We were interested in the statement of hope for the workshop especially as many people have the same slight wariness of “icebreaker” as Alan, and so it seemed important to do something that would on its own merits offer some reflective time to participants, while at the same time exploring what it feels like when technology makes you feel uncomfortable, out of sorts, and distractedly aware of the tools. A pencil in the wrong hand will do this.

    2. Alan, you’ve really made me think (as a right handed person) about my own left hand, the unexamined sense I have of an identity that isn’t the dominant one that fits smoothly in the world. And thank you so much for the stories of where you have lived. As a migrant to where I now live I’m constantly peering at plaques in public places, trying to figure out where I am, recognising that so much of this recent story is a matted layer over the thousands of years of living here before that. Yesterday I read about a shipwreck, all hands but two lost. All place is haunted like this.

      Then this:

      “No matter how open, welcoming, hospitable you think you are, unless you discard every shred of what we are familiar with in being part of a group, it’s going to be inhospitable to people.”

      Derrida seems to acknowledge that the ideal of the unconditional, including in hospitality, is there for gravitational pull: it’s what calls us to the wildest idea, the moon shot in thinkability, the impossible. But as an activist he was also very clear that things had to get done, in this ordinary world where we can’t just keep throwing our expectations of each other in a basket and starting afresh. There’s a reason that memory is the anchor to identity.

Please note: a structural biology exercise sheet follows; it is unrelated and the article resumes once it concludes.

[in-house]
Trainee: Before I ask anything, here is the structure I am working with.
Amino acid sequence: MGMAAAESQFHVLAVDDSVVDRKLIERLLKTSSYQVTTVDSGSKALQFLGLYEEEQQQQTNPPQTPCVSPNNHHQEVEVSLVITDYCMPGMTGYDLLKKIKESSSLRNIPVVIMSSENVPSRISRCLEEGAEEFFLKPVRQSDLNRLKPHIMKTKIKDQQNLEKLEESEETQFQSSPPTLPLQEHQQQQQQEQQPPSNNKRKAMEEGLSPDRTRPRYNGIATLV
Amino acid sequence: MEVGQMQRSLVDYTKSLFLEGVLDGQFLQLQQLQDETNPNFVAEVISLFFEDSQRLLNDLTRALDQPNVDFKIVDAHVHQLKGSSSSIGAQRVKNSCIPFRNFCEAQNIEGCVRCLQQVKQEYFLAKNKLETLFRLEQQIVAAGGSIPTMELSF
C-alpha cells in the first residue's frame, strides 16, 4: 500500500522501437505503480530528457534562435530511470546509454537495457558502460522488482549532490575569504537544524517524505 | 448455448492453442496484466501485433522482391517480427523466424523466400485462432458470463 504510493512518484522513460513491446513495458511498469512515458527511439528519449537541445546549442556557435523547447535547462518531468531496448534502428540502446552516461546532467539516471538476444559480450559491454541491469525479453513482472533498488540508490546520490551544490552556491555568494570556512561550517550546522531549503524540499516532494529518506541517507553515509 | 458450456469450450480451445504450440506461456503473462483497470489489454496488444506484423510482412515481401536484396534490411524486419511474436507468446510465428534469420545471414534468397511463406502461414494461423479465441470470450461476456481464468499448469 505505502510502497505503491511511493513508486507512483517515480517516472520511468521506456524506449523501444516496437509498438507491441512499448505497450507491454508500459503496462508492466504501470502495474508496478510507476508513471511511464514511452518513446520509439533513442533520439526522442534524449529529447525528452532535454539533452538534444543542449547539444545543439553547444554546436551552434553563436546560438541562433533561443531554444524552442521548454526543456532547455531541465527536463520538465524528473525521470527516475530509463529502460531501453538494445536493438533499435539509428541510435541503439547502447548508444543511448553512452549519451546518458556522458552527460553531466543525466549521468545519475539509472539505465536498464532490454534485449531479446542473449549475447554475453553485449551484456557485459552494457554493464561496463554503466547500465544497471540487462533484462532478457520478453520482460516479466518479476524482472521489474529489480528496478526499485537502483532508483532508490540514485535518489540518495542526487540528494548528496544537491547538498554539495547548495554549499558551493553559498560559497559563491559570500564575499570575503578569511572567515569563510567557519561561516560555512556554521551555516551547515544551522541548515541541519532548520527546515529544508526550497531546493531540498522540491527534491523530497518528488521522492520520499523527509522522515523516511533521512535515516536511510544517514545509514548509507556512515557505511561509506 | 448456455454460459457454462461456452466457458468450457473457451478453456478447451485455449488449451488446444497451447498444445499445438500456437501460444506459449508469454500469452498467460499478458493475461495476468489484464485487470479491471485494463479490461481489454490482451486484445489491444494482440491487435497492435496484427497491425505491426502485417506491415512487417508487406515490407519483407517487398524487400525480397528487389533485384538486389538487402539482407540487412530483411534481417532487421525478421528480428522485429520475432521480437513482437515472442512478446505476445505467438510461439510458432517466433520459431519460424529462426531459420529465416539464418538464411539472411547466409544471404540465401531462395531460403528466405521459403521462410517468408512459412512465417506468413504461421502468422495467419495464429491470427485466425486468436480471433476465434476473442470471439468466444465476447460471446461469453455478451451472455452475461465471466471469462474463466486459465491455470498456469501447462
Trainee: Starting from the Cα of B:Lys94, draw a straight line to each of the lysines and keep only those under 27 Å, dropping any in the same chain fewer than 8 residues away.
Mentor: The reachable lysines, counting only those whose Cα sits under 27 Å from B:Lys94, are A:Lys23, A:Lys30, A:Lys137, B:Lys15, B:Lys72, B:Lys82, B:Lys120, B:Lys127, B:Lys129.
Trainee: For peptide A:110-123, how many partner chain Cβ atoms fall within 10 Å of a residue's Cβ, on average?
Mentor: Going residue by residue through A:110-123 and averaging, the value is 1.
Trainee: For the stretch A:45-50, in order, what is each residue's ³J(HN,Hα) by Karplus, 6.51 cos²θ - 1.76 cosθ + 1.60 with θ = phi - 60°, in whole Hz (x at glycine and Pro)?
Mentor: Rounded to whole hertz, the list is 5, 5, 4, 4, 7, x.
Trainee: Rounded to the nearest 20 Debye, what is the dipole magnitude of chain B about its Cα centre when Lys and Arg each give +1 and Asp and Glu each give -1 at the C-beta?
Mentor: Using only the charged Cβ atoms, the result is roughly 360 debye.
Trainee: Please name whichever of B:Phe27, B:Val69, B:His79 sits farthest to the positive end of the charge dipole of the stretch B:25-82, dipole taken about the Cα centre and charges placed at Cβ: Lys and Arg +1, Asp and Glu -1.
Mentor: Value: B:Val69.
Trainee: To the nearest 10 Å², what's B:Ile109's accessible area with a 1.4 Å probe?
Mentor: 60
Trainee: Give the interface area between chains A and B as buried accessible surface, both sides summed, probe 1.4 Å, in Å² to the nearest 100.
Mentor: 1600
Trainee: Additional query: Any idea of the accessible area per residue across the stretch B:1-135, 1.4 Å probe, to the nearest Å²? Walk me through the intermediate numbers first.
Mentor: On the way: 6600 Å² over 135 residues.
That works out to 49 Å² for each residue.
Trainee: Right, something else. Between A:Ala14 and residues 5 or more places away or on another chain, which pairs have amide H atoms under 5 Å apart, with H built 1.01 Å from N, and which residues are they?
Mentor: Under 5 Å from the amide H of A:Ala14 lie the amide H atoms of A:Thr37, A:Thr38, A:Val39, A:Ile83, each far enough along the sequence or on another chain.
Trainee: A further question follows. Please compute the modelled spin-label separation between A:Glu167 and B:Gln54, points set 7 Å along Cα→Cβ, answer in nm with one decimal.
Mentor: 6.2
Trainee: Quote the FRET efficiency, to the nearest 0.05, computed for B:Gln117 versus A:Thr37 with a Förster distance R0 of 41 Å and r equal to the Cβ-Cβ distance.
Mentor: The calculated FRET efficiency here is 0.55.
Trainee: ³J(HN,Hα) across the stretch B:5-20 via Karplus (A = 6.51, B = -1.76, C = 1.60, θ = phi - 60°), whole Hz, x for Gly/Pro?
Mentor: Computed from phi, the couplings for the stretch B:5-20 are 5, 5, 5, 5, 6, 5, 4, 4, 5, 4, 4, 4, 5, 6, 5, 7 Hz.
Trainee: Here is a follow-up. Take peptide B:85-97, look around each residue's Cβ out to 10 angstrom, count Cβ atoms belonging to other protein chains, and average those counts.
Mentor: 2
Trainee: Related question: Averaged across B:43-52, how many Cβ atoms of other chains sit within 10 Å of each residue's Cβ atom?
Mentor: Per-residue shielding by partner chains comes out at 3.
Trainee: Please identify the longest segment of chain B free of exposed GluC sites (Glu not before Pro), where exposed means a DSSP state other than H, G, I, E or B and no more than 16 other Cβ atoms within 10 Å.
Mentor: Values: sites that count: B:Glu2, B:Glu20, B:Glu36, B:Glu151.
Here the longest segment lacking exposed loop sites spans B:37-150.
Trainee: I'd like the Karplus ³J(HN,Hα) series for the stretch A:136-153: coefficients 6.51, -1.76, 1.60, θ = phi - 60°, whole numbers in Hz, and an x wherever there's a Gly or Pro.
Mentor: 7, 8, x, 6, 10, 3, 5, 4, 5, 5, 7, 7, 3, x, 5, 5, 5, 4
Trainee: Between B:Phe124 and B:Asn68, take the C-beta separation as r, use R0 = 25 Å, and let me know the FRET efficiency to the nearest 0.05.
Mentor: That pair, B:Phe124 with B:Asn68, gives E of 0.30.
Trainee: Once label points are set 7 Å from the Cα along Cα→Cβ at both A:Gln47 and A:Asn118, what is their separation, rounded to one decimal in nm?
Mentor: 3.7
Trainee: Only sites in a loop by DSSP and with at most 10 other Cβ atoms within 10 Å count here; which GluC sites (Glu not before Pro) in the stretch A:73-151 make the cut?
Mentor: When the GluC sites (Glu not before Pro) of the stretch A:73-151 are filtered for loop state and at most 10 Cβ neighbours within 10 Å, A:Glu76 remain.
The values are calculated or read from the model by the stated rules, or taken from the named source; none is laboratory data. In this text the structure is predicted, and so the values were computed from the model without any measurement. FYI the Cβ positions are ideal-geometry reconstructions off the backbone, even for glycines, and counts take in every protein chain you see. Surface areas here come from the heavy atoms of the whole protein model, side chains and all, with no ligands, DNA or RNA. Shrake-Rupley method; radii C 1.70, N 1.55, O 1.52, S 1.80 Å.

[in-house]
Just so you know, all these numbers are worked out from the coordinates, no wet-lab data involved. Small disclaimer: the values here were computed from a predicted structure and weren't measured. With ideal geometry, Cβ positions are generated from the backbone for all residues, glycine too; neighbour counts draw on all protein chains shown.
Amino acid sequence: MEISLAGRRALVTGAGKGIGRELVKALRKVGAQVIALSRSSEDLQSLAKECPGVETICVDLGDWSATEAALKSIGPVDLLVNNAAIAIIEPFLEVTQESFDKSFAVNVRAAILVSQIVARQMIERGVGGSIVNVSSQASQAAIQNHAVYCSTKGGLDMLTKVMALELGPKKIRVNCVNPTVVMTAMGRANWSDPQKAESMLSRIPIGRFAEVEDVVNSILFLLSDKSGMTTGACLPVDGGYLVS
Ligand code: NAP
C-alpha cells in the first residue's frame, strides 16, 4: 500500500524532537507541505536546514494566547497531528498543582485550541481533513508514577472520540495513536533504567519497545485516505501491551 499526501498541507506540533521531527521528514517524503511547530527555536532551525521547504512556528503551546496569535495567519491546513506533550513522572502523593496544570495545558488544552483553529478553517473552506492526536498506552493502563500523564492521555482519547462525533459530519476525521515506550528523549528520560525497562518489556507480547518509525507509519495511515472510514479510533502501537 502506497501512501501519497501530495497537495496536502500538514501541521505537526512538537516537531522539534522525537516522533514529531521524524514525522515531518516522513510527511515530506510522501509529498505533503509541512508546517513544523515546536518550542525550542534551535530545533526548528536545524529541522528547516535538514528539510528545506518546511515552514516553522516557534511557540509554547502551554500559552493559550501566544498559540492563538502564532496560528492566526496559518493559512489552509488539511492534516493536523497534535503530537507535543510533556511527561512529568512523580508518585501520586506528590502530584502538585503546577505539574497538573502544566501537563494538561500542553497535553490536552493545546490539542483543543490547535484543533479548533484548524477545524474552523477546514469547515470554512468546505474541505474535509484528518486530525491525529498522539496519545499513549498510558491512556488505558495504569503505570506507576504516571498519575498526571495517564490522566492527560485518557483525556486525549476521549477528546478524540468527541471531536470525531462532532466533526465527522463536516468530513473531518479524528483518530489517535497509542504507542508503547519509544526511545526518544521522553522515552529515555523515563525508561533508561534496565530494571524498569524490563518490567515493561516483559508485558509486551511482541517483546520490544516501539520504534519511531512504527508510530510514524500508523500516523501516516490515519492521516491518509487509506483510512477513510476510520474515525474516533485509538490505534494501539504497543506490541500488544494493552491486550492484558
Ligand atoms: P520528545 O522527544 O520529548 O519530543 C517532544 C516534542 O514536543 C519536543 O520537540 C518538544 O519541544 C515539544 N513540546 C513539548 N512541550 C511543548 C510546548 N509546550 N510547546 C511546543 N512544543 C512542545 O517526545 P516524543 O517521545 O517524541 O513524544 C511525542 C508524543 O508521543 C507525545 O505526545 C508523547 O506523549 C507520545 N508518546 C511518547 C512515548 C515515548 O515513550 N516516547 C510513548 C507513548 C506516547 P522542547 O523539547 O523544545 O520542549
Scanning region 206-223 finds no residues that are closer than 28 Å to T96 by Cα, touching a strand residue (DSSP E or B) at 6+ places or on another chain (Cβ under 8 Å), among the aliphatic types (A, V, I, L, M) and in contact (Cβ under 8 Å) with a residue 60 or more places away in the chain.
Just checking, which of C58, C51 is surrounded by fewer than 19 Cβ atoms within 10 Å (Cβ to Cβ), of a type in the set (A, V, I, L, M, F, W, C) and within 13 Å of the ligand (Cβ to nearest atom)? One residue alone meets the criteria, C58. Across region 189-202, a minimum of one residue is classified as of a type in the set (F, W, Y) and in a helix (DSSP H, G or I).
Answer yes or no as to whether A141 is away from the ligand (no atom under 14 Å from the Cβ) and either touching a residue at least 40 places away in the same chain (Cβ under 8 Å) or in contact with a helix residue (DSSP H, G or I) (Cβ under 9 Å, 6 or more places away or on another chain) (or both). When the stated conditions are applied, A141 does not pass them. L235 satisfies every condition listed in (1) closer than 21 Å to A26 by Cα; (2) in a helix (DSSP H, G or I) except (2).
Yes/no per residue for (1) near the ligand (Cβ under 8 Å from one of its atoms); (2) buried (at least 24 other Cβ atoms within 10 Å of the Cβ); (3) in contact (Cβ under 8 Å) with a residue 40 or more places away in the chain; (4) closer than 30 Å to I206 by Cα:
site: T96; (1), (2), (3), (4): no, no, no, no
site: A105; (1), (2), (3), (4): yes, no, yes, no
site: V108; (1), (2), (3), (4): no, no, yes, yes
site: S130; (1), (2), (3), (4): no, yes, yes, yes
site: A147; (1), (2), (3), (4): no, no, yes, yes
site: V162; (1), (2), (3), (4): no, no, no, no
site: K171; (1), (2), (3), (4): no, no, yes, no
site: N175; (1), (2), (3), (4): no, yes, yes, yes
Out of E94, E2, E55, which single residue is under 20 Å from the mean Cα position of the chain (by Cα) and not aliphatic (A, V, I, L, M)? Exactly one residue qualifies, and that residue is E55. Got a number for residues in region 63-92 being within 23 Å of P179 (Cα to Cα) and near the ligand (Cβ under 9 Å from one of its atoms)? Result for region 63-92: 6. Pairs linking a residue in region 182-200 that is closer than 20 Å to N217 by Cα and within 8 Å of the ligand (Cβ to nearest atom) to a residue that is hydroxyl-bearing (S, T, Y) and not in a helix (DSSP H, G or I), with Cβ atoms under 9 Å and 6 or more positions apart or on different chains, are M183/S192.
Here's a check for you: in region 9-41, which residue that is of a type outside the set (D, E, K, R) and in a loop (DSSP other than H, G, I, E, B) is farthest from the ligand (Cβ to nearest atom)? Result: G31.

So I think the aim isn’t to get beyond conditionality, any more than it is for us to get beyond gravity, but to think through the way conditionality shapes our responses to each other when we least expect it.

      When I read this extraordinary response, it occurred to me that this comment is exactly what makes blogging such a profound opportunity for thinkers to make each other work harder. This is so far beyond, say, “citation” that they’re barely on the same graph.

      Thank you, I am really honoured.

      1. Thank you Kate for a wonderful reflection on our conversation last week. And thanks to Alan for adding another rich layer of reflection with your comments here. Such generous glimpses and such beautiful writing.

        When I think of this impossibility – the earnest striving to reach beyond difference (knowing one can never escape one’s own conditionality) – I am always left with a sense of profound ambivalence. On the one hand, there is the stark apprehension of the limits of our humanity. On the other hand, there is the beautiful hope we can do better by paying closer attention. For me, it is that striving (while growing ever more aware of so many blind spots) that makes the most difference. It is like a prayer or a kind of faith.

        1. Mia, I am so moved by this idea of hope as prayer because I am entirely without religious faith, but like you I believe that the practice of noticing, of paying closer attention, is becoming critical. Thank you for leaving this comment, it resonates strongly for me.

  4. And thanks back, Kate. Sometimes we apologize for making a long comment, more or less a blog post in your space, but I think it is an interesting and different approach to blogging by writing in other spaces.

    I remember way back in the early blog days, Matthew Kirschbaum (spelling? from University of Maryland) wrote about someone named “Lachance” who blogged without a blog- all of his writing was in the comments of other blogs.

    And I hope you understand that my attempt to write in your style was totally an homage. The rhythm of those numbered segments, and finding the thread to weave them, was a means for me to organize my writing differently.

    Okay, I’m going back to my own blog house.

    I’ll be back.

Conversation welcome here